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Imprisoned by Insanity

Criminally insane offenders rediscover their humanity through art therapy

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When a court accepts a plea of criminal insanity, defendants are ordered to undergo psychiatric treatment in a secure facility instead of serving a prison sentence, but can the criminally insane ever be cured? An RTD crew visits a correctional medical facility near Saint Petersburg, where around 900 mostly violent offenders are receiving psychiatric treatment.

Self-portrait by criminally insane offender, Saint Petersburg medical-correctional facility, Russia. Still taken from RTD documentary Imprisoned by Insanity.
Art therapy helps criminally insane offenders rediscover themselves, including by painting revealing self-portraits.

Some were high on drugs when they committed their crimes. Some hear voices. Some don’t feel anything at all. They speak about the events that brought them to the facility, their feeling for their victims and their families, and the personal reckoning. 

Three criminally insane inmates receiving medication, Russia. Still taken from RTD documentary Imprisoned by Insanity.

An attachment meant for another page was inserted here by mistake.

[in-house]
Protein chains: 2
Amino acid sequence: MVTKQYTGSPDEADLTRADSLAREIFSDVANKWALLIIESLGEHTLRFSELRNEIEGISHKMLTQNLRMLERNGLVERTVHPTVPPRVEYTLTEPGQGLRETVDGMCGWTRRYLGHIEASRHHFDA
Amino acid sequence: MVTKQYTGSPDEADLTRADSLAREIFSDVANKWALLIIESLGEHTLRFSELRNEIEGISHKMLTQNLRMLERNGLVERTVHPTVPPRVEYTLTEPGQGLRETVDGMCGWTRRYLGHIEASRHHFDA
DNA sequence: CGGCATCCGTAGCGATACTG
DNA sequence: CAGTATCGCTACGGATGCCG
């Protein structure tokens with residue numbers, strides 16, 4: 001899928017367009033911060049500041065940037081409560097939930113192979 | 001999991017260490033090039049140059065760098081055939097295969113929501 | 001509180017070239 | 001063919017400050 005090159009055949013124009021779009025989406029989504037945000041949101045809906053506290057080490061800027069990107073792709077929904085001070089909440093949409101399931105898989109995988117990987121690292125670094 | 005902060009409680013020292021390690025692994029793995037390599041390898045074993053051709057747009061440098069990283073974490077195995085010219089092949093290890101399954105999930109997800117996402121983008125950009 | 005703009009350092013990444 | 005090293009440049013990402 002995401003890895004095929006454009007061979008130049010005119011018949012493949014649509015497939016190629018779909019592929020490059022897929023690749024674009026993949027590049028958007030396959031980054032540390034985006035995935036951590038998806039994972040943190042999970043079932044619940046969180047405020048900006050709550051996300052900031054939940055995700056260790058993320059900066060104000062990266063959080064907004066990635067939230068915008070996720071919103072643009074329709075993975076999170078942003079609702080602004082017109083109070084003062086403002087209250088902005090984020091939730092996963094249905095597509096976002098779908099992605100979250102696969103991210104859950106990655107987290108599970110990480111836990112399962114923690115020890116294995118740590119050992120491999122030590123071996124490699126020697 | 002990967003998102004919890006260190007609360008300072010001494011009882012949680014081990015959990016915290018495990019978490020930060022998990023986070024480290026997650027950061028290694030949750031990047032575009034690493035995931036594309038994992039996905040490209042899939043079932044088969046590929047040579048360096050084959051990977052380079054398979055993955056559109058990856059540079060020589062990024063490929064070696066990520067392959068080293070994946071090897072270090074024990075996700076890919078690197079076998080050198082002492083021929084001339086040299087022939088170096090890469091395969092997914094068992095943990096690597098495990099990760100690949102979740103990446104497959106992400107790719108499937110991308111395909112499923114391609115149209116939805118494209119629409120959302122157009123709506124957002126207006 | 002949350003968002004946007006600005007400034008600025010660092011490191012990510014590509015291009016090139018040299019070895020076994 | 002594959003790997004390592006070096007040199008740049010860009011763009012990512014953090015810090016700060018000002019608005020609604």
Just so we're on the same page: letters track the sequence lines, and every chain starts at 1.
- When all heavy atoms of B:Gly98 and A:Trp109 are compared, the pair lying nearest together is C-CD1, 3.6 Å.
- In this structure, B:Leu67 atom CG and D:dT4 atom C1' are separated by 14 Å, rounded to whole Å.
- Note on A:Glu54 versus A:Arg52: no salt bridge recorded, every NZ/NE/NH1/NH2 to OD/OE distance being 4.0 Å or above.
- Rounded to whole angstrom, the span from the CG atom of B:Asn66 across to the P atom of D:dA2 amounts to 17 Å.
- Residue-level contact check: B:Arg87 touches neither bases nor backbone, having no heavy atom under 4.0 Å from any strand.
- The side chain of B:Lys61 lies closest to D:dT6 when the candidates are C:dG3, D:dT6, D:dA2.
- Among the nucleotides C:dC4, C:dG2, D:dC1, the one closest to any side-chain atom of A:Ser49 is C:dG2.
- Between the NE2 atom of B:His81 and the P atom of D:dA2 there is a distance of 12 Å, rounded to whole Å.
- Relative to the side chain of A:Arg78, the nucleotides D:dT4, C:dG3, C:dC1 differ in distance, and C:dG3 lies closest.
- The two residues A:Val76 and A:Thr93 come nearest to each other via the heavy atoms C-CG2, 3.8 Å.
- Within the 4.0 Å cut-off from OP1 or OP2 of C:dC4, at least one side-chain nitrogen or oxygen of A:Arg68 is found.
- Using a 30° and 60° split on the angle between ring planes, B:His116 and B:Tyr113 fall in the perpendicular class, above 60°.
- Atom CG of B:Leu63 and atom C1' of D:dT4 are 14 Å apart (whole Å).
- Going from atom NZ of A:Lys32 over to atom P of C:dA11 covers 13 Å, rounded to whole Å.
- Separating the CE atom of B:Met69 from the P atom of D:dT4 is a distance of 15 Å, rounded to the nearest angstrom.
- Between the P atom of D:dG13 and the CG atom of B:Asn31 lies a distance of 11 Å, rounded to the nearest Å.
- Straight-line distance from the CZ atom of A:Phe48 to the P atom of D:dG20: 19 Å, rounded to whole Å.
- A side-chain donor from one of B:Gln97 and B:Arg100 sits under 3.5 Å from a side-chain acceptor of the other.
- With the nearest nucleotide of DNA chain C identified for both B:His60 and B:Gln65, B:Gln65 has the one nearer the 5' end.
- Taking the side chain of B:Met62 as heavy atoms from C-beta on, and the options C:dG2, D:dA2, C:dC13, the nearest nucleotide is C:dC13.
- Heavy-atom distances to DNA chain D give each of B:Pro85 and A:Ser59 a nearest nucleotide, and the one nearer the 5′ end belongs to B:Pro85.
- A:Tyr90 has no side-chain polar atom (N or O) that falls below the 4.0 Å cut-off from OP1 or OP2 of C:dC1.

While they are in the medical-correctional facility, criminally insane offenders are monitored to make sure they take their medication. This gives them a higher chance of recovery than is the case for psychiatric patients outside the prison system, who rarely comply with their treatment.

One key aspect of their treatment is art therapy. Artist Aleksandr Semyonov tries to relieve their suffering by helping them express their inner world on canvas. 'When I first started the art therapy course here, I was afraid of them”, he recalls. “Their first results just shocked me. They were supposed to draw the person sitting opposite from them, but each one of them drew himself”.

Doctors in white coats facing a criminally insane offender during a hearing of a medical commission, Russia. Still taken from RTD documentary Imprisoned by Insanity.
Can criminally insane offenders ever return to society without posing a danger to others? Every six months, a medical commission has to decide whether inmates can be set free.

In the facility, the mentally ill can’t avoid medical treatment, as often happens outside. Some start on the painful journey of coming face to face with themselves. Every six months, they appear before a commission to decide if they are safe to return to society. Some beg to be released, but others realise they still have work to do.

Criminally insane inmate lying on bed in ward and writing, with a Christian Orthodox poster hanging on the wall behind him, in saint Petersburg, Russia. Still taken from RTD documentary Imprisoned by Insanity.
Some deeply disturbed inmates are tormented by the memories of their crimes. For them, time inside a closed psychiatric facilty gives them the opportunity to reflect and begin to heal their minds and souls.

 

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